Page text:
I came across this thought-provoking post written by Maaret Pyhäjärvi (influential colleague in testing community I respect and admire ) and some of the arguments she has made, made me ponder upon my own attempts and experiences.
In her blog Maaret says:
Instead of changing the vocabulary, I prefer changing people's perceptions. And the people who matter are not random people on twitter, but the ones I work with, create with, every office day.
I totally support the idea of helping to change peoples' perceptions. I have made those efforts and have seen that taking effect. The approach is very much in line with Weinberg's idea of influence and that has always been my first approach towards changing something. However, the results in this particular case in my experience have been short-lived. I found people to be coming back to their initial understanding which was primarily shaped by established vocabulary and every once in a while I had to discuss the same thing with them again. Can I say my efforts were paying off? I guess not really.
What was and is the problem?
I realised that people that I had helped change their perception (mostly programmers and non-testers) got back to old vocabulary because other testers and stakeholders they were working with, were totally unaware of what they were talking about and why. Those people found it very frustrating to explain others their rationale behind using different vocabulary and eventually they gave up. I remember of one programmer friend coming to me and saying that he felt silly and stupid because the tester he was talking to was totally clueless of what he meant. And he finally said if testers themselves don't care about what their vocabulary should mean, why should he? And he was right!
The problem is, testers who understand the problem with established vocabulary are very less in number as compared to an entire lot of project stakeholders who use it. And testers who make an effort and help others to change their perception are even less.
And this is why I personally see the problem with "living with" some established norms which need revision. I think it's a high time that we strongly disapprove of what we do not believe in. Because it badly affects all the efforts made by people who care. When we know about problem with things and still decide to live with them, our awareness about those problems becomes pointless or less effective if not.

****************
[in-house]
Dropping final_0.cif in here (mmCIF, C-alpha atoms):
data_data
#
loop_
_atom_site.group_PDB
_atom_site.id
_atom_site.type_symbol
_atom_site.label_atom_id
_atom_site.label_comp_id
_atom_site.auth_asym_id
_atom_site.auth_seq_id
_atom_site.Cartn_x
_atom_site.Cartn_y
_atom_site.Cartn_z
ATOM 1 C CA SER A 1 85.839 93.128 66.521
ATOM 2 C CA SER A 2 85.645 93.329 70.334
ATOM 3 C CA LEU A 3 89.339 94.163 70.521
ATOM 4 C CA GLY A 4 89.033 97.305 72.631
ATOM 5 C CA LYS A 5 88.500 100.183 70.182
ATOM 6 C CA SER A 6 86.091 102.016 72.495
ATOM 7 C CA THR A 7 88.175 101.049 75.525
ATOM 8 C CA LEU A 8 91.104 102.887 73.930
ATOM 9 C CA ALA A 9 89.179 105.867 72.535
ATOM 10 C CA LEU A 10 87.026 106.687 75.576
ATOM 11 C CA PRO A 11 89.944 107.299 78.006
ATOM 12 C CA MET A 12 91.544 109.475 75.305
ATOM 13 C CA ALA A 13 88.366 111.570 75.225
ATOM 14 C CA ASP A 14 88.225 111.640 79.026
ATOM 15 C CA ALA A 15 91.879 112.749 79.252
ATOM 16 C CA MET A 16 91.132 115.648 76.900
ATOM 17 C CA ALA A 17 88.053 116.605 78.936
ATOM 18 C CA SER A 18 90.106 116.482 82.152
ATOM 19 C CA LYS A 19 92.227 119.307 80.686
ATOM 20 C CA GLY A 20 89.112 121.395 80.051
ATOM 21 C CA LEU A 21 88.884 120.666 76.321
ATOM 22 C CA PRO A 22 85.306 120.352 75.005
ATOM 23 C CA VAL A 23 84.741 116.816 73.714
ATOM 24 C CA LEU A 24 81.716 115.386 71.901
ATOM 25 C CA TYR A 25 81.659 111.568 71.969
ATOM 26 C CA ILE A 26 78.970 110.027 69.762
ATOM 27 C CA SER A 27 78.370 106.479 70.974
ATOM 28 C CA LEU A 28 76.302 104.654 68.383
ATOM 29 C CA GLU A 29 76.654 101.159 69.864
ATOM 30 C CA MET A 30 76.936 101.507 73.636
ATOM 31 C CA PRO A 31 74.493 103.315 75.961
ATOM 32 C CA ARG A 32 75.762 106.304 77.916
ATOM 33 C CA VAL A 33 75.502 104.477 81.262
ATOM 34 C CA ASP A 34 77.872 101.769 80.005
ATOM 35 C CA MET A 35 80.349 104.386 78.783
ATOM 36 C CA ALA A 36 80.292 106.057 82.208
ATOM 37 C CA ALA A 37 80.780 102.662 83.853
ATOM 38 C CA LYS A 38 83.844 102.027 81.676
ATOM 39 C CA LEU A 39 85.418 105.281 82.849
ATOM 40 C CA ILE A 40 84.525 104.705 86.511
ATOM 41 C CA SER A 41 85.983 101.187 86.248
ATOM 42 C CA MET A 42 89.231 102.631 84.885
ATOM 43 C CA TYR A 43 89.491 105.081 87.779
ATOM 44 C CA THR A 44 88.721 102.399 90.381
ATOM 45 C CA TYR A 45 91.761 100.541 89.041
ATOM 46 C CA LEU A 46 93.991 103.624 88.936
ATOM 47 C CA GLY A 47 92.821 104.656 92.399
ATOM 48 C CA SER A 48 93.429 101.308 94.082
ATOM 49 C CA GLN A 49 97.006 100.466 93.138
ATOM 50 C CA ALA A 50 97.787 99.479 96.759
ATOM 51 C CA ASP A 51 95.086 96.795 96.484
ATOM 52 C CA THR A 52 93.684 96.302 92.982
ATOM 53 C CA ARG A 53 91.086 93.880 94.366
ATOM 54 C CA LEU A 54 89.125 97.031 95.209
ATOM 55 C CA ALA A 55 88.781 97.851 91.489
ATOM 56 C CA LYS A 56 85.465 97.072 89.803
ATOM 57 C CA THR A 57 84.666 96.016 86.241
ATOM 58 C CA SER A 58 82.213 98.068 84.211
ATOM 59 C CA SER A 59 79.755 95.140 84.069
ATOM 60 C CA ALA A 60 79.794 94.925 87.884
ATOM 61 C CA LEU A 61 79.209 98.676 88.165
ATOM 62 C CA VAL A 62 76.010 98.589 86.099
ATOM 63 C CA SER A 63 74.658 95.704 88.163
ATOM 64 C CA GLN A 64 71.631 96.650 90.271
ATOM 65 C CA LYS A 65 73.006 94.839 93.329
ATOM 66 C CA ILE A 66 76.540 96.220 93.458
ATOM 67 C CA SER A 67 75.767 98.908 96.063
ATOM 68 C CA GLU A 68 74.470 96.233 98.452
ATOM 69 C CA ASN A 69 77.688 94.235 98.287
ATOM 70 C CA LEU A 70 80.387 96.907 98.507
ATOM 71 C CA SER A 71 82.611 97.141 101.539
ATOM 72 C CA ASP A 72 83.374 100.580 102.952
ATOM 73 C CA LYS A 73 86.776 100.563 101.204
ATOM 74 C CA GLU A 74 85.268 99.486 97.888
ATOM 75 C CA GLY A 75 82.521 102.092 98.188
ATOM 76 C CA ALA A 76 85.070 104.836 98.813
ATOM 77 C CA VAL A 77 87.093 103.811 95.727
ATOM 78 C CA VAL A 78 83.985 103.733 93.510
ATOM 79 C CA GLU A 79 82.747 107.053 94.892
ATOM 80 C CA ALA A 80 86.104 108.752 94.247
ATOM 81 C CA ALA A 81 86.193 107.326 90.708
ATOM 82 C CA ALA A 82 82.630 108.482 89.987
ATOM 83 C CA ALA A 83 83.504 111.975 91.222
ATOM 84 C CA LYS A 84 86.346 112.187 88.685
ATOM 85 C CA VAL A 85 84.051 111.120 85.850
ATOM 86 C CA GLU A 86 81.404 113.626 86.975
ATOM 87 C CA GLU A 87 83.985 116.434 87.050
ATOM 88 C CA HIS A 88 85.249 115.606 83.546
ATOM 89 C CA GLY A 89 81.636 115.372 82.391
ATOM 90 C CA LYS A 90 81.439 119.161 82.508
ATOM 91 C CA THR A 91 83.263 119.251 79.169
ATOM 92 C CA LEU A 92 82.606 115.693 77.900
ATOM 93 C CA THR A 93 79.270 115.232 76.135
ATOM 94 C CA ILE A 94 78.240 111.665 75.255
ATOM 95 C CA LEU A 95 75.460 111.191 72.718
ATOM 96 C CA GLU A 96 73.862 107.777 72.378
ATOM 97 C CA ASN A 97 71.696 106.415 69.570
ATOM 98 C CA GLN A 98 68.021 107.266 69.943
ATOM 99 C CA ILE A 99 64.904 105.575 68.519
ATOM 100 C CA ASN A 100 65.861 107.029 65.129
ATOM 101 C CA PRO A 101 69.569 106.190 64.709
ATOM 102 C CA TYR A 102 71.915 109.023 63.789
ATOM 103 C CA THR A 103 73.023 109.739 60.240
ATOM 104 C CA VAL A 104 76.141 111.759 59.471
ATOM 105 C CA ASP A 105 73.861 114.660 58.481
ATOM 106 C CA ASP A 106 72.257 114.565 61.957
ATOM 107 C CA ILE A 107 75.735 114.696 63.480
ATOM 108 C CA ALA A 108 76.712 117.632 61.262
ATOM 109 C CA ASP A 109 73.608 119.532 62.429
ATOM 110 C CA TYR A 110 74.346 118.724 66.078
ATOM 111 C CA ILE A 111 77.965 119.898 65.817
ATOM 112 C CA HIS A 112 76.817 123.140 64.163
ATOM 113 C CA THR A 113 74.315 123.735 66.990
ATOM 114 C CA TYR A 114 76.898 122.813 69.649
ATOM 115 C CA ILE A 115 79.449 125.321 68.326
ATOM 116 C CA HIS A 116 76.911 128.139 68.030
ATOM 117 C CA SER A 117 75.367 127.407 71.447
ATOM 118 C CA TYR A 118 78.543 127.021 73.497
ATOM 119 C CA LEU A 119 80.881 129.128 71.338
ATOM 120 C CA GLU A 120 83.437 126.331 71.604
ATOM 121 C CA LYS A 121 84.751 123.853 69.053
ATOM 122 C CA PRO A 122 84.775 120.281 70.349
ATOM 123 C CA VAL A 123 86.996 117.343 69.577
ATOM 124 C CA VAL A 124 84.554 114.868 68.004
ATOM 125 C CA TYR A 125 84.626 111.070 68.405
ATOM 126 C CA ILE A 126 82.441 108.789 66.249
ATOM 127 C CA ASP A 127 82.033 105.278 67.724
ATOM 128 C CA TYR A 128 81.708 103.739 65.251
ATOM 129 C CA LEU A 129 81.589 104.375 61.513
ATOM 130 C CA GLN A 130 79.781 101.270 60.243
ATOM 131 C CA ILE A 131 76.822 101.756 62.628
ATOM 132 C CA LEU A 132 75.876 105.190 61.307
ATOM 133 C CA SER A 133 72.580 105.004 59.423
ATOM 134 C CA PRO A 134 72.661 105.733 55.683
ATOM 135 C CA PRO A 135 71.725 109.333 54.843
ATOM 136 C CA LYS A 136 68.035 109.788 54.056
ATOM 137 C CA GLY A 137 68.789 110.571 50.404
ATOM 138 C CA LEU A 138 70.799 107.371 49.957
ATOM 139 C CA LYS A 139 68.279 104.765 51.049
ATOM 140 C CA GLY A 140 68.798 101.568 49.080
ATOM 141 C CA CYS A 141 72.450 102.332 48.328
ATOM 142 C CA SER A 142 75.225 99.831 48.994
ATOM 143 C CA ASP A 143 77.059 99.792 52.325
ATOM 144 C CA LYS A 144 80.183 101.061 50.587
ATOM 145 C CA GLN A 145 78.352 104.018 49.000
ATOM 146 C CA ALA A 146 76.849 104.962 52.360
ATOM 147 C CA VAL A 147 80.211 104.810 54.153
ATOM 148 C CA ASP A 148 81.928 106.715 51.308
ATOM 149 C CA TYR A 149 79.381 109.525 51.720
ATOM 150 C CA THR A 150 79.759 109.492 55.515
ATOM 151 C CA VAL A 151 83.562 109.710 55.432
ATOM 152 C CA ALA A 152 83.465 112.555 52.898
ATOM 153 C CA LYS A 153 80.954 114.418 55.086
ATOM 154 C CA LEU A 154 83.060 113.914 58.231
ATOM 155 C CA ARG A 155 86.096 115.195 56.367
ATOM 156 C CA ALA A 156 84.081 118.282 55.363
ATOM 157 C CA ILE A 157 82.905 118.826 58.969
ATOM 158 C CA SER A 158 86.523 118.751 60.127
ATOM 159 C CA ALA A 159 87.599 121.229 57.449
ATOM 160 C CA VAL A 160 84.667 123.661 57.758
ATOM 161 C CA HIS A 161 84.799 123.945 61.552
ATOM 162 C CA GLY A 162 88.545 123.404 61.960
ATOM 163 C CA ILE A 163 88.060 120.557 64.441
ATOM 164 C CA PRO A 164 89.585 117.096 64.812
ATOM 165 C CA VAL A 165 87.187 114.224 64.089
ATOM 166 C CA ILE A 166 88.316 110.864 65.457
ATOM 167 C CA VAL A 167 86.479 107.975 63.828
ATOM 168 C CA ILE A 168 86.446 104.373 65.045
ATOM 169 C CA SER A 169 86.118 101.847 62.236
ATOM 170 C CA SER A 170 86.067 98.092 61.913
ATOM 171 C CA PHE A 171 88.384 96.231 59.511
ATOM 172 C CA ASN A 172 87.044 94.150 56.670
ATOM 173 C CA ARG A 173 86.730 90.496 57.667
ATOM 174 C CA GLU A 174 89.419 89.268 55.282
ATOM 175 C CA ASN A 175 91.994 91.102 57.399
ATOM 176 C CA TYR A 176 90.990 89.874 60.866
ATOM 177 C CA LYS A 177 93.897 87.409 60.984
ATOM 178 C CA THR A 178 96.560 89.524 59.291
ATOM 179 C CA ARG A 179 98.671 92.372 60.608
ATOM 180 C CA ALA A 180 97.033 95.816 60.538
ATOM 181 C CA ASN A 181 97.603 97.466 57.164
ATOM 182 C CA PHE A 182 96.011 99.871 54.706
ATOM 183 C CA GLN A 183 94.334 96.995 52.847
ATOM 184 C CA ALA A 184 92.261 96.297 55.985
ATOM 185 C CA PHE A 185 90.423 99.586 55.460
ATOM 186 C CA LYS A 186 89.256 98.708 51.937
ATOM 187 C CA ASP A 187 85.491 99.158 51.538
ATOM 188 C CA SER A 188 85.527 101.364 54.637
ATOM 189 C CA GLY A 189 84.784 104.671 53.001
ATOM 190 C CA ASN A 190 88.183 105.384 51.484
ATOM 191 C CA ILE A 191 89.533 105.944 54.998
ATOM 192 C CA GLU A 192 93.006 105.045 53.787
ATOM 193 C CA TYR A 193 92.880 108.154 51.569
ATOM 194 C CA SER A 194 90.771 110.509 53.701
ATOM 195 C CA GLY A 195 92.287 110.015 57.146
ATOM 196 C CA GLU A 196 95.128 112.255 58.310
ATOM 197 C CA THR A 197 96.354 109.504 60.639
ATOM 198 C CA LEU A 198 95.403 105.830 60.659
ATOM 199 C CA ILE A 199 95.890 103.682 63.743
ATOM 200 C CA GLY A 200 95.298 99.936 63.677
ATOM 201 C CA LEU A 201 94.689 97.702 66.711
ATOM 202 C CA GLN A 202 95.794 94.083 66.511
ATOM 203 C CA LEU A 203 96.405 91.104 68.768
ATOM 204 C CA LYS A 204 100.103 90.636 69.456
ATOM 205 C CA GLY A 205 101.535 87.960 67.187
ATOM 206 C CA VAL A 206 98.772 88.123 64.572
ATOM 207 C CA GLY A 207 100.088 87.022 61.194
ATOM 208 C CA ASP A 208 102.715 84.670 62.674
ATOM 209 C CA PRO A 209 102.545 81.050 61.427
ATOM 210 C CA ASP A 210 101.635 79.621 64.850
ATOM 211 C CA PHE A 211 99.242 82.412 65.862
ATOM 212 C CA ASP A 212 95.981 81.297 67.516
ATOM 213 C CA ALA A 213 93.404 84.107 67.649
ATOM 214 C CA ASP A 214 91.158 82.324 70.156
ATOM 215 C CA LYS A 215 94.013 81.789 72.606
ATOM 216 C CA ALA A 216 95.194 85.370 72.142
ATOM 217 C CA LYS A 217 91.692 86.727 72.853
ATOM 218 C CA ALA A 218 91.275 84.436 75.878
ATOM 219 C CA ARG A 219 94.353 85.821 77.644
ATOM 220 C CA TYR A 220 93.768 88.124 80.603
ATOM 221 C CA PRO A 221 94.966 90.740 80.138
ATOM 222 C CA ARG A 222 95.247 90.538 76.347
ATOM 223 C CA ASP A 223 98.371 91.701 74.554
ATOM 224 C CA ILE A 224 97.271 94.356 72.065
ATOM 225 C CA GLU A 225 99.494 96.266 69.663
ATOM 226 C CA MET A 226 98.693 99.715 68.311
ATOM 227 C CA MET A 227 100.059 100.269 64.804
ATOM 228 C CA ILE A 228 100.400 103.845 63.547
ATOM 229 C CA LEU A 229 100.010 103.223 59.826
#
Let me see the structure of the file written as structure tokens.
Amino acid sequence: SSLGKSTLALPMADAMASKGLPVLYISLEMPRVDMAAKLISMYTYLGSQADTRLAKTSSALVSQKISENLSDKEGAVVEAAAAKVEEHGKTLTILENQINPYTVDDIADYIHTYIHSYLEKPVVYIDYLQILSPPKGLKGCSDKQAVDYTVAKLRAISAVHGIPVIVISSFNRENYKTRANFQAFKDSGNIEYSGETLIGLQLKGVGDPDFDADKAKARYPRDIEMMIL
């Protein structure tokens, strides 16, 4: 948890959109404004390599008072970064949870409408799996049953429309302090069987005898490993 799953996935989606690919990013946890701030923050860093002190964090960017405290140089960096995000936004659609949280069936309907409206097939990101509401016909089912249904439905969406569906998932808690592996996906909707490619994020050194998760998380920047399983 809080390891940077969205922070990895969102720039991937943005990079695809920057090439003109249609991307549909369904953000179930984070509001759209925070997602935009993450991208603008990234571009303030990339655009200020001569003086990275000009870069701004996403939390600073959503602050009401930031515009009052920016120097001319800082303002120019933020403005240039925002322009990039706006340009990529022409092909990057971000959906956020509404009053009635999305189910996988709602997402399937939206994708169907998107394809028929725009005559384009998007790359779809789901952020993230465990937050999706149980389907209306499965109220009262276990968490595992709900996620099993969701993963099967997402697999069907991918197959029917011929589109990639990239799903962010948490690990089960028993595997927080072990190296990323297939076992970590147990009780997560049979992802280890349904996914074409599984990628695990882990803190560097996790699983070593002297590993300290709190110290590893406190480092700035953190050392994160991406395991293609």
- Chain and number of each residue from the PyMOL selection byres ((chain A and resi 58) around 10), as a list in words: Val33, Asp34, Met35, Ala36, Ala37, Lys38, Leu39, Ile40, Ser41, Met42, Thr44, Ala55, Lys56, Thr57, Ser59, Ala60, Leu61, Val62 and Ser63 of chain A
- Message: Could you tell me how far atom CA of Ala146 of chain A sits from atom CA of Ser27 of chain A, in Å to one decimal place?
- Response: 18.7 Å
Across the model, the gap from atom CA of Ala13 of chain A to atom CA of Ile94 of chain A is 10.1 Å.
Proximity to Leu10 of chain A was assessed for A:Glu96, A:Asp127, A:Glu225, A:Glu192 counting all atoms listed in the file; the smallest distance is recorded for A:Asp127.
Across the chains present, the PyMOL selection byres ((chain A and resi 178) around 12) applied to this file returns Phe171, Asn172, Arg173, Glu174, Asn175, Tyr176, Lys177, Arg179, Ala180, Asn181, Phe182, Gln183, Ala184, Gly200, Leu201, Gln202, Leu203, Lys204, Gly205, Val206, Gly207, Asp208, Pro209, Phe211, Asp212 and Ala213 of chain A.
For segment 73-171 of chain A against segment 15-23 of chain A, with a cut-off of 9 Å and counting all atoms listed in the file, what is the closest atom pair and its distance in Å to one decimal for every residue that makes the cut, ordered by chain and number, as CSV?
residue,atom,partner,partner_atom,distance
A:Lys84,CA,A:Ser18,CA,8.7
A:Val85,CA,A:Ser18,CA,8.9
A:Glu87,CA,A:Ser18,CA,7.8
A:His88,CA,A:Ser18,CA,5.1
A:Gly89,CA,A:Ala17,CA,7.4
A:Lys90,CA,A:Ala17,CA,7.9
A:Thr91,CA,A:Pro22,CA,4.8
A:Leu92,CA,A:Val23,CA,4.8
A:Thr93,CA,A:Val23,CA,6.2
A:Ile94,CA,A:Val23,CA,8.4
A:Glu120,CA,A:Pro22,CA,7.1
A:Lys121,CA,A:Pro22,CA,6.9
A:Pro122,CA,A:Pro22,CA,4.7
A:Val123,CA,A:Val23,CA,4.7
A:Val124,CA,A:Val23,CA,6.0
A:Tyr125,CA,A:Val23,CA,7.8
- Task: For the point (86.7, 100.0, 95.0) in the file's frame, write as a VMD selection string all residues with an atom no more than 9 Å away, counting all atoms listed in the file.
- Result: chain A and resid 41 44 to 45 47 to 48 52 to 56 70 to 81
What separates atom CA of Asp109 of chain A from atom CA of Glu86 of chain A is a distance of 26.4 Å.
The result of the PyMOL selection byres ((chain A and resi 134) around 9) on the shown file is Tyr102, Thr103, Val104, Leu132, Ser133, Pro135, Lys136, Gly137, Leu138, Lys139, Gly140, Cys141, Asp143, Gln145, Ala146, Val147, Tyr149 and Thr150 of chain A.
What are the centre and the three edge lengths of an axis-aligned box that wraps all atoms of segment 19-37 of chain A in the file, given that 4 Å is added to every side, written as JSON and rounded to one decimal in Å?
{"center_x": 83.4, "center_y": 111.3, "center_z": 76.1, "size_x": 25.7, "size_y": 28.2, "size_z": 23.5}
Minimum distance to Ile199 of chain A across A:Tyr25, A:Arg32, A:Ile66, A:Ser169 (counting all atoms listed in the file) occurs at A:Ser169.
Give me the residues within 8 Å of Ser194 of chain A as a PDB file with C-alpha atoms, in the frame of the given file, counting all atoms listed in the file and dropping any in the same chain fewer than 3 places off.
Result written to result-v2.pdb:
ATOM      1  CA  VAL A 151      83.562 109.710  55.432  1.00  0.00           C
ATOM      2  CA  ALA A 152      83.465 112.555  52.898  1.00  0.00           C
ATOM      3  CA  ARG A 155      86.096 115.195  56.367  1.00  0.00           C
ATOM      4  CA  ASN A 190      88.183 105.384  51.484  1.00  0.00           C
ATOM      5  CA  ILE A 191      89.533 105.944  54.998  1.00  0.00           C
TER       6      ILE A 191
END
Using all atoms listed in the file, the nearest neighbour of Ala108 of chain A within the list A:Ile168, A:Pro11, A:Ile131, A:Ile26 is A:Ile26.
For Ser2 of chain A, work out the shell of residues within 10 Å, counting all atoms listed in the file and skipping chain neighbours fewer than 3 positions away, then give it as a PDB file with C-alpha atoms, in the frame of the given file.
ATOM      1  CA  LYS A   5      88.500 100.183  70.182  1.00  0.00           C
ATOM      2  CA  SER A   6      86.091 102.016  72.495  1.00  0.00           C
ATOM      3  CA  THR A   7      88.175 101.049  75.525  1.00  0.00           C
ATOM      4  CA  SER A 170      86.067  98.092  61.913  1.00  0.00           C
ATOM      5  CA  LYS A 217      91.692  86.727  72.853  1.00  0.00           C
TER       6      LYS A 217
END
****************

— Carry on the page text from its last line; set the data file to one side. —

It is not just about people around us
The other day I watched this humours video by AIB on mass technical recruitments where they pick two gardeners towards end of recruitment to fill their quota and say, "Let's put these two on manual testing. Who requires talent for that anyway?"
That was very difficult to digest for me but at the same time, I could not blame the producers of that video because our established vocabulary is not their problem. They just presented the widely established (and mistaken) perception of our established vocabulary.
If we as testers don't care enough about changing something wrong just because it is established, we are letting others shape wrong perception about our profession and that is a silent killer. One of the leading testing tool company recently tried to showcase "manual testing" as outdated, bad testing and proposed their tool that supports Exploratory Testing as a solution. Major part of our industry still considers testing = manual testing = bottle neck and hence thinks of eliminating testing all together. But in reality what they want to get rid of is bad testing only and not manual testing or testing as such. If it is not us then who else is supposed to care about these problems and make efforts to solve them? And I don't know how best we can stop it other than getting rid of the labels and classification which is adding a lot to confusion.
In my opinion, we are responsible for how we let others shape their understanding of us. And no matter how hard we try to do it with people around us, there will always be people beyond our scope who will undo what we do. If we keep collecting the karma of living with established vocabulary and do not make deliberate efforts to change it, it is most likely going to haunt us and our generations (if at all we survive).
It is now up to us whether to collect that karma or to cleanse it. Cleansing sounds reasonable to me but I am still looking for more options . What if we do both?
A passionate & thinking tester. Trainer & student of the craft of testing. Father, Foodie and dog lover. Chief Editor and Co-founder of Tea-time with Testers magazine.